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Agencies help foreigners evade rules to land jobs

By Zheng Xin  (China Daily)

08:47, September 06, 2012

Foreign students walk at the Shanghai University campus. Many international students who want to find a job in China after graduation resort to service agencies that help them get around government policies. Shi Peiqi / for China Daily

When Chychyna Dina was forced to decide between a firm job offer in her native Belarus and studying economics in Beijing, she opted for the latter, convinced it would open more doors for her in the future.

"For me, Beijing simply promised more opportunities," said the 26-year-old, who arrived at the University of International Business and Economics in 2010.

Two years on, however, the new graduate said she now has only one option: Pack up and leave China.

Like many overseas students, Dina is unable to meet the requirement that foreigners must provide evidence of having at least two years of work experience before they can be employed in China, a rule in place since 1996.

"I don't have that (experience), and without it I'm left in a position where I can either buy myself a return ticket to Belarus or become one of those foreigners who works in China illegally," she said.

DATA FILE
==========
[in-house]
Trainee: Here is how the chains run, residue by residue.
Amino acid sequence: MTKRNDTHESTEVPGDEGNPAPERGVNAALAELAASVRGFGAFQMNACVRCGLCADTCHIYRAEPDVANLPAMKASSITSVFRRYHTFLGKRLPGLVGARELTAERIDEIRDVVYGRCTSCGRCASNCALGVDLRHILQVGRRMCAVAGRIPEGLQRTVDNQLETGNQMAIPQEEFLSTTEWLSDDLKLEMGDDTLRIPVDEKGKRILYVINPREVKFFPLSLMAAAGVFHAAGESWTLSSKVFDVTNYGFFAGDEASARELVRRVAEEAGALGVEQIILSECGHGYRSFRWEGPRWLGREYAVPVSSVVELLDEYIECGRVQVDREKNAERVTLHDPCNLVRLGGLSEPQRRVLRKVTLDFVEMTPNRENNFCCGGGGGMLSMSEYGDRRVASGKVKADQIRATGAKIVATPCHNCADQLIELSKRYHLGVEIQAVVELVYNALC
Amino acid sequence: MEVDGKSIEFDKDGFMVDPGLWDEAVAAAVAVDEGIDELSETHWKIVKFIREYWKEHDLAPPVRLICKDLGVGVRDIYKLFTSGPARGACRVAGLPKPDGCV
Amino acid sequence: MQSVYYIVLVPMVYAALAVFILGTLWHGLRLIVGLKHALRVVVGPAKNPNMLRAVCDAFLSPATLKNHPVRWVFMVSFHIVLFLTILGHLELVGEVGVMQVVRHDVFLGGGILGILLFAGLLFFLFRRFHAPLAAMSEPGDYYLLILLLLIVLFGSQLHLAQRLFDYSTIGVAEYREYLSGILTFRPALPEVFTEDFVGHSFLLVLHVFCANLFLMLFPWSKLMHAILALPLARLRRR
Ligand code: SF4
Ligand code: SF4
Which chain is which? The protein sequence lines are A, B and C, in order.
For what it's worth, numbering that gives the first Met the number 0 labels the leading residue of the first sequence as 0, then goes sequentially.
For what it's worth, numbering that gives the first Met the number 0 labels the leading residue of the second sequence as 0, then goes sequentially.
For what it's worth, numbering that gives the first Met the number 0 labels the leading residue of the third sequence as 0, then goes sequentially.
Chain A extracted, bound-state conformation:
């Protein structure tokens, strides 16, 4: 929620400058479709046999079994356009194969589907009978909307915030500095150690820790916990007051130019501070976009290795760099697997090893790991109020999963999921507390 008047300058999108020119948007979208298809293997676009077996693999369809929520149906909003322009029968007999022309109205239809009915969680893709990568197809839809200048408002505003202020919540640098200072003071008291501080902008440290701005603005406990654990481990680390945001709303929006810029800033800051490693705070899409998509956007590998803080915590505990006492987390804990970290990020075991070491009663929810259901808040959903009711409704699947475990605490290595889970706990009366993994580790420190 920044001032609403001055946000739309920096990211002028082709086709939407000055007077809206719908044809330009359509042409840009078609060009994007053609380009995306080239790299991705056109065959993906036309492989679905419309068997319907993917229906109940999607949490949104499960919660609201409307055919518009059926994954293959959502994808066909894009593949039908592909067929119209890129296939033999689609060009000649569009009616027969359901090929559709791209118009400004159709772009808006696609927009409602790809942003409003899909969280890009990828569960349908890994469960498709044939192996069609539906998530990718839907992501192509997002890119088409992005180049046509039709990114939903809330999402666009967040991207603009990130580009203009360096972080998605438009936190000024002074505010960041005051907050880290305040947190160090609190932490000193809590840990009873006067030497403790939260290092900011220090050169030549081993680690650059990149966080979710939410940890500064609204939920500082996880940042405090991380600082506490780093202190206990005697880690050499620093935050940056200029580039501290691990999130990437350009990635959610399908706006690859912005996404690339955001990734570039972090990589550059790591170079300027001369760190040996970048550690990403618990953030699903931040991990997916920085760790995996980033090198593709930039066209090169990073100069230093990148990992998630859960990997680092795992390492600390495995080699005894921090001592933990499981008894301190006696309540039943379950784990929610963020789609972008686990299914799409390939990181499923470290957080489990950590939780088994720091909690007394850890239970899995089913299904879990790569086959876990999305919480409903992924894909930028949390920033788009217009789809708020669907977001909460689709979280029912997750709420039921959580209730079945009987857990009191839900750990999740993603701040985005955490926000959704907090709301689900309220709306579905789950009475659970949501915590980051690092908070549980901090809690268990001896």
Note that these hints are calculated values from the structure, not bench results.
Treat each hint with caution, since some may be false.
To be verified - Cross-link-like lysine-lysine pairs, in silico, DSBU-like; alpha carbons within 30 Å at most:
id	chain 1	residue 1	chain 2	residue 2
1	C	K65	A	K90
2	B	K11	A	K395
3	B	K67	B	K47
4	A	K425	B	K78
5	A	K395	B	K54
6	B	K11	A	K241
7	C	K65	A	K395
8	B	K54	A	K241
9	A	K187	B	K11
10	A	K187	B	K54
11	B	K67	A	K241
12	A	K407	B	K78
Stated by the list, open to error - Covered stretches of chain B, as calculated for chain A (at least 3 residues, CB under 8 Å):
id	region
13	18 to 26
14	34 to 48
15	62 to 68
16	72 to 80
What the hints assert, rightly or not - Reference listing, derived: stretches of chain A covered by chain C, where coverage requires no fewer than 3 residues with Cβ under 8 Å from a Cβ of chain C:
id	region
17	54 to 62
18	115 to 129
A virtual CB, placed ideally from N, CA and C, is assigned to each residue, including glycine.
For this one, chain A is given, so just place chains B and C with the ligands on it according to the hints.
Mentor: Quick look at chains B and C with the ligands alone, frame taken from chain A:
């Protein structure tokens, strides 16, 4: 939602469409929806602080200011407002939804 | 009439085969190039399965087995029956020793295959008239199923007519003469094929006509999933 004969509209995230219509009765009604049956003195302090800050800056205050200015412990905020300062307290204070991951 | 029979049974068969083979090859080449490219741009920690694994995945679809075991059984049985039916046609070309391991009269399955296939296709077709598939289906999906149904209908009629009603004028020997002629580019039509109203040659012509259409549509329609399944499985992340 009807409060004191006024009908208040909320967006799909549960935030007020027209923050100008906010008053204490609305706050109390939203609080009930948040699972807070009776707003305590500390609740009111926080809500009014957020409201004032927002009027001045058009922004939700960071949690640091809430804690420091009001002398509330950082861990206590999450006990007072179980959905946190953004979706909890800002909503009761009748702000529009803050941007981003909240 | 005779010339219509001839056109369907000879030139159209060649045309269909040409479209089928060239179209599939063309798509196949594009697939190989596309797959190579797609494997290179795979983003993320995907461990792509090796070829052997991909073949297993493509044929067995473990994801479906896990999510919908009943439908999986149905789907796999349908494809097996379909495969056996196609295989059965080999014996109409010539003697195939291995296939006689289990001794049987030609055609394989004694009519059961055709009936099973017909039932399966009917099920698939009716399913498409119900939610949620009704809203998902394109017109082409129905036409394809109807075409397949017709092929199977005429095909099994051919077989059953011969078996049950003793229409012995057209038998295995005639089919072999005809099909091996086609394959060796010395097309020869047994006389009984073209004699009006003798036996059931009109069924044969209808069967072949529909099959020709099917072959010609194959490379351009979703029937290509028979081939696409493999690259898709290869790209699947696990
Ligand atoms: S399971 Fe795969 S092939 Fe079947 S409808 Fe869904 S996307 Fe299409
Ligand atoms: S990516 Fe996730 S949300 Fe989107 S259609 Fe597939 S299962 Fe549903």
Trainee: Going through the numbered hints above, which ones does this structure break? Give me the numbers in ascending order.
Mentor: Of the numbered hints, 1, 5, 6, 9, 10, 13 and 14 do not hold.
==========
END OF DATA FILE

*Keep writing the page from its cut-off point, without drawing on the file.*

Dina's is a common problem that education experts say is leading to many people turning to agencies that promise to help them evade the strict regulations.

According to information gathered by China Daily, consultation companies in Beijing and Shanghai are charging 1,500 yuan ($236) to 20,000 yuan to foreigners who cannot meet the work-visa requirements to help them obtain one.

Prices are based on the client's nationality, age and educational background.

"Many foreigners have received work permits and visas through our connections with the local government," said a female agent at Xiangrui Business Consulting in Shanghai's Pudong district, when contacted by a China Daily reporter posing as a Japanese student. "Even if you've never worked before, there's no need to worry, since our boss used to work with the government and has connections."

An agent at Zhuolu Commerce Co in Beijing's Dongcheng district also claimed he could help foreigners who did not have evidence of their work experience, which is usually provided by a former employer.

"There's basically no risk. We've been doing it for years," he assured a reporter in a conversation over the QQ instant-messaging tool. "We don't fake any documents. We simply skip the process entirely."


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